Welcome to another installment of our Ask An Expert series on the Tuck Sleep Blog. We’ll be taking the most frequently asked questions from our readers and getting them answered from experts/specialists. For this question, we’re working with Macall Gordon, an infant sleep researcher and certified pediatric sleep consultant from right down the road from our HQ in Seattle. If you have a question you’d like us to answer, please reach out to us at [email protected] and we’ll get on it!
The books make it sound so easy, don’t they? A few nights of 10-15 minutes of crying and your child will be sleeping through the night…. Not. You’ve tried crying-it-out, you’ve tried patting/shushing, you’ve tried feeding on demand – earlier bedtime, later bedtime, bath, no bath – standing on your head and pleading. Nothing has worked. Your child isn’t sleeping well anytime, anywhere. Naps are hard, bedtime is hard, and nighttime….don’t even ask.
As a coach, I frequently see frustrated, exhausted parents who have been trying so hard. The saddest part is that they think it’s all their fault; that somehow, they are doing something wrong. Parents, take a breath. There are some good reasons why sleep training/coaching doesn’t work, and many of them have nothing to do with what you are or aren’t doing. See if any of the questions below apply to your situation.
Does your child snore or mouth breathe (not associated with a cold), have a sweaty head when they sleep (not associated with a warm room), or are really restless when they sleep?
These symptoms can point to conditions that contribute to sleep apnea or obstructed breathing. Tonsils and adenoids can grow at disproportionate rates and cause breathing during sleep to be difficult. A check-in with the pediatrician or a pediatric ear, nose, and throat doctor might be in order.
Has your child ever been diagnosed with anemia or low iron?
Low iron in children can directly affect sleep architecture (even when iron levels are back up). Low iron stores can also cause Restless Legs Syndrome, “itchy” or “tickly” feelings in their legs and an inability to get comfortable enough to sleep. Iron supplements may be prescribed.
For children under a year, does it ever seem like they’re in pain at any time during sleep?
If your gut tells you that your child seems in pain when laid down flat, or they wake up screaming, or they sleep best when they are slightly on an incline (like in a seat), your child may have symptoms of silent reflux. Silent reflux does not involve “spitting up” and can cause pain as stomach acids bubble up. This kind of pain directly interferes with the ability to go to sleep or stay asleep. While it’s true that reflux rarely hits a child later in infancy, or those who never had reflux as a newborn, there are cases where reflux has not fully resolved, or teething/growth spurts cause symptoms to return.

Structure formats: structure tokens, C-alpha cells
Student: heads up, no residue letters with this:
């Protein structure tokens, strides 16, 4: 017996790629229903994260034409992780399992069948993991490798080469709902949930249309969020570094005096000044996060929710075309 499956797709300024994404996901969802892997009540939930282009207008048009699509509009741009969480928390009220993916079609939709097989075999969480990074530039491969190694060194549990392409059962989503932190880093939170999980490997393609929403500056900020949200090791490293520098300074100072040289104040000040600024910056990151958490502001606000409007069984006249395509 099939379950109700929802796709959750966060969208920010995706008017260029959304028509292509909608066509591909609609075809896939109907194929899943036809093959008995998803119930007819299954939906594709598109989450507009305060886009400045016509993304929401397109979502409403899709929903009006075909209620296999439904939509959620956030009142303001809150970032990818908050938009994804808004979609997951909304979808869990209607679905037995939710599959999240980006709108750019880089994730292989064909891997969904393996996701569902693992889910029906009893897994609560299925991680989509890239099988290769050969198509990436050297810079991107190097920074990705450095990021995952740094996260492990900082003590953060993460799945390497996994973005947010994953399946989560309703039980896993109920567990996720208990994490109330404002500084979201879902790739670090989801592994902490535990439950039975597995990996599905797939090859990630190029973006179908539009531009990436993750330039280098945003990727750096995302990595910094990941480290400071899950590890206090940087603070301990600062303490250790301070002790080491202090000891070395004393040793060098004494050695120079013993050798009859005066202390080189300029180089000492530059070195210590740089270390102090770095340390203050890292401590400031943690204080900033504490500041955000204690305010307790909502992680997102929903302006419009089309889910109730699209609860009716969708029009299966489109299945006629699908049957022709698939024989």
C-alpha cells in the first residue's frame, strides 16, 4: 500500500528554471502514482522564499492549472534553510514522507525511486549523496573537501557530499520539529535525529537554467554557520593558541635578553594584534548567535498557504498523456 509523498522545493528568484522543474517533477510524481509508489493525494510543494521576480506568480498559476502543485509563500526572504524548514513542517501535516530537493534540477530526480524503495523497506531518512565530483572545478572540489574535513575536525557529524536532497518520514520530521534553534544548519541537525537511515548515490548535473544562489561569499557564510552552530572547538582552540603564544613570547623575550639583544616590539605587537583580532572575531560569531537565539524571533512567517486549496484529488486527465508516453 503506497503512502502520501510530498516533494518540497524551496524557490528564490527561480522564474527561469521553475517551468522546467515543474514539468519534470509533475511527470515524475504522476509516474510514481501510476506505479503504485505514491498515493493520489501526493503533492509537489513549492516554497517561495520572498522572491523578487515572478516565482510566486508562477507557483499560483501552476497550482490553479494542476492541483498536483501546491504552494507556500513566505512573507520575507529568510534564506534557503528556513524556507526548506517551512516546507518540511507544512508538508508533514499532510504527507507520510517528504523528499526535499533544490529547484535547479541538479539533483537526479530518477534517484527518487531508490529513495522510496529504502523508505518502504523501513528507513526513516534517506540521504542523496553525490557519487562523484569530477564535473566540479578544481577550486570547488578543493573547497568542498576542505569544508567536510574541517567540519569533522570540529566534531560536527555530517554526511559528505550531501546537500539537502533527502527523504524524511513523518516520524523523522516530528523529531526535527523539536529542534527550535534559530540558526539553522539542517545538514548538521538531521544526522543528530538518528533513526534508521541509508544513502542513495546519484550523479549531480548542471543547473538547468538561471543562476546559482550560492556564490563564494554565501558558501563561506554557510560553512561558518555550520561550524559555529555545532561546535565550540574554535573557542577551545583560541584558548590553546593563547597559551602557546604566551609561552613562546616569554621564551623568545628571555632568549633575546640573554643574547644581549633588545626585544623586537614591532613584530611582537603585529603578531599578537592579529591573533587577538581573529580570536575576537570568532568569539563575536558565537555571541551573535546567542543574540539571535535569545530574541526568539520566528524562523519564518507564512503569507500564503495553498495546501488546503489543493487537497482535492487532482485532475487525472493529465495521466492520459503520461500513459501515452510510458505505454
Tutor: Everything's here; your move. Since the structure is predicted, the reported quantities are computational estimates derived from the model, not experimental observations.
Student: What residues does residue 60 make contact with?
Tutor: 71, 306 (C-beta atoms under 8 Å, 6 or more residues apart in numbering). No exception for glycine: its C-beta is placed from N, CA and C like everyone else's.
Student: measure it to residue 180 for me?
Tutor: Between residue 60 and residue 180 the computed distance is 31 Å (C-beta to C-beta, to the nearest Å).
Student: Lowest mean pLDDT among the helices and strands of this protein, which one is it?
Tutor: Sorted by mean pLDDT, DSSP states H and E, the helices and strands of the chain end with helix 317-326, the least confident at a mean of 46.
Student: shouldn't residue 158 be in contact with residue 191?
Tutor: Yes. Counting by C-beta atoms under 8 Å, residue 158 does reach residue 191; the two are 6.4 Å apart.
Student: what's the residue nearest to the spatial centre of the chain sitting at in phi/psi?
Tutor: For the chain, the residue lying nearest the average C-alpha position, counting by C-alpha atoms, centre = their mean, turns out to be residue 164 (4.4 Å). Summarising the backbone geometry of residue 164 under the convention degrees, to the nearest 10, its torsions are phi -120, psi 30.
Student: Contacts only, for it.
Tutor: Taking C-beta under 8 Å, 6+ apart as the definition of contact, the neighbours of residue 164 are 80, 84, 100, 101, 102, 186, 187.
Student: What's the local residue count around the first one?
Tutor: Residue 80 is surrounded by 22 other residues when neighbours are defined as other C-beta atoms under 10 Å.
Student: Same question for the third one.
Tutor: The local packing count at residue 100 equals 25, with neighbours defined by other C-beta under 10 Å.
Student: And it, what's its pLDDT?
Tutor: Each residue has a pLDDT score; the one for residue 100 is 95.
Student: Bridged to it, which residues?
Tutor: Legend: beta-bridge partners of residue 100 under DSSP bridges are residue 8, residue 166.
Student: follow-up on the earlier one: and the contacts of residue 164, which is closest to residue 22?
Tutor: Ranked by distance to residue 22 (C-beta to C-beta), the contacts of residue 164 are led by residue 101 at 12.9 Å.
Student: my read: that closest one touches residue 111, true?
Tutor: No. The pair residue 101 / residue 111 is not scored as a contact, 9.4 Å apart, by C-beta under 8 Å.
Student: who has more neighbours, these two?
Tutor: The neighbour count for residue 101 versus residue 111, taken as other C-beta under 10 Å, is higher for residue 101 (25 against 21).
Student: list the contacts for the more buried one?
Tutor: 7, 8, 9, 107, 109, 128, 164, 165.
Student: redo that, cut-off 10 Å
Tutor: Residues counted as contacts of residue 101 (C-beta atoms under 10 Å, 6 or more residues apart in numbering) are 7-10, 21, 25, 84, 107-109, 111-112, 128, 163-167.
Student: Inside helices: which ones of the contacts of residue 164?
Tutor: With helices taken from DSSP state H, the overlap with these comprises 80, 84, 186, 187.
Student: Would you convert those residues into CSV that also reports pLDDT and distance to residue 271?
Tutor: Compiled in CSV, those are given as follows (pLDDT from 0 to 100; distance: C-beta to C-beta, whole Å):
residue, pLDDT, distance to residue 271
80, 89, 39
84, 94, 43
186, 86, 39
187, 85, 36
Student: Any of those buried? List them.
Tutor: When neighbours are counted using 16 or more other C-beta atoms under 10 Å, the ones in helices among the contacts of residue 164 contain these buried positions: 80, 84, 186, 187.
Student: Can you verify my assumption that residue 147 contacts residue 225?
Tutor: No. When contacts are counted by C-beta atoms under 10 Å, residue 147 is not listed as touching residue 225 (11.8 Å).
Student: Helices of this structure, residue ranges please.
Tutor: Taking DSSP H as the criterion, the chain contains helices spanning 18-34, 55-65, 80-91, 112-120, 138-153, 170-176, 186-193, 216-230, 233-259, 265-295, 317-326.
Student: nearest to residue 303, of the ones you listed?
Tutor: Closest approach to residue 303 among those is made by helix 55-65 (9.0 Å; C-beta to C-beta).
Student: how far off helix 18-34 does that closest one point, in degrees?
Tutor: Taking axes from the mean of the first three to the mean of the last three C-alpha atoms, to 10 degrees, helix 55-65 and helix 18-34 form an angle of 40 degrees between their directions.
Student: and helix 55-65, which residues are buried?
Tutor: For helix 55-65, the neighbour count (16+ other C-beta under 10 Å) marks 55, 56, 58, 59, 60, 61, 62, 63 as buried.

Is your baby alert, perceptive, sensitive, persistent?
Temperament is a major factor in sleep troubles. Sensitive babies who hear and notice everything are going to have a harder time disconnecting from the exciting world of awake time. These babies need a very consistent, very regular routine of naps with adequate wind-down time. Alert infants and children require a slightly different approach to sleep and may need more help than their mellower peers.
Is your baby younger than 6 months?
If your baby is younger than six months and you’re not seeing success with sleep training, it may be that your baby is too young. Infants under 6-months (and especially those in the throes of the 4-month regression) have limited capacity to manage distress or sleep and awake states. It’s okay to take a break, do what you can to get sleep, and try after 6-months.
Is your child going through a developmental leap?
During the first few years, children go through a fair number of developmental shifts that can throw everything out of whack. Generally, every time your child gains a new motor or cognitive skill, sleep will suffer: crawling (8-9 months), pulling to stand (10 months), walking (12-months) and then 15- and 18-months, and 2-years. You may find that even though your baby was sleeping well, these periods can get rocky…or rockier.
How is your child napping?
Make sure you know how much naptime your child needs for their age. An overtired baby/child will have more trouble going to sleep and staying asleep. Sometimes, just getting naps at the right time will help both daytime and nighttime sleep. If your child is really nap-deprived, try to get naps in any way that works for a while and work on bedtime go-to-sleep skills. Once your child is sleeping light a champ at night, you can work on going back to crib sleep.
Also, know how long your child can stay awake for their age. Before 6-months, it may only be 60-90 minutes. Even at a year, children can only manage about 3-4 hours before they need a nap. If you are watching for sleepy signals, but not watching the clock, you may be missing those optimal windows for naptime and bedtime.
Things parents CAN do:
- Don’t jump ship too soon: In their desperation, and lack of confidence, parents may try too many things too quickly, resulting in frustration and confusion. Pick something to work on and stick with it for at least 4-5 days.
- Work on bedtime skills: The best, easiest time to get the biggest bang for your sleep-training buck is at bedtime. Work on encouraging your baby/child to go to sleep without being rocked, nursed, held all the way to sleep. There are several approaches that work, so pick one that you can live with and stick with it.
Macall Gordon, M.A., is an infant sleep researcher and certified sleep coach specializing in gradual approaches to sleep. She has a Masters degree in Applied Psychology from Antioch University, and a B.S. in Human Biology from Stanford University. You can find more about her practice here. Have a question you’d like her to answer? Send it to [email protected]!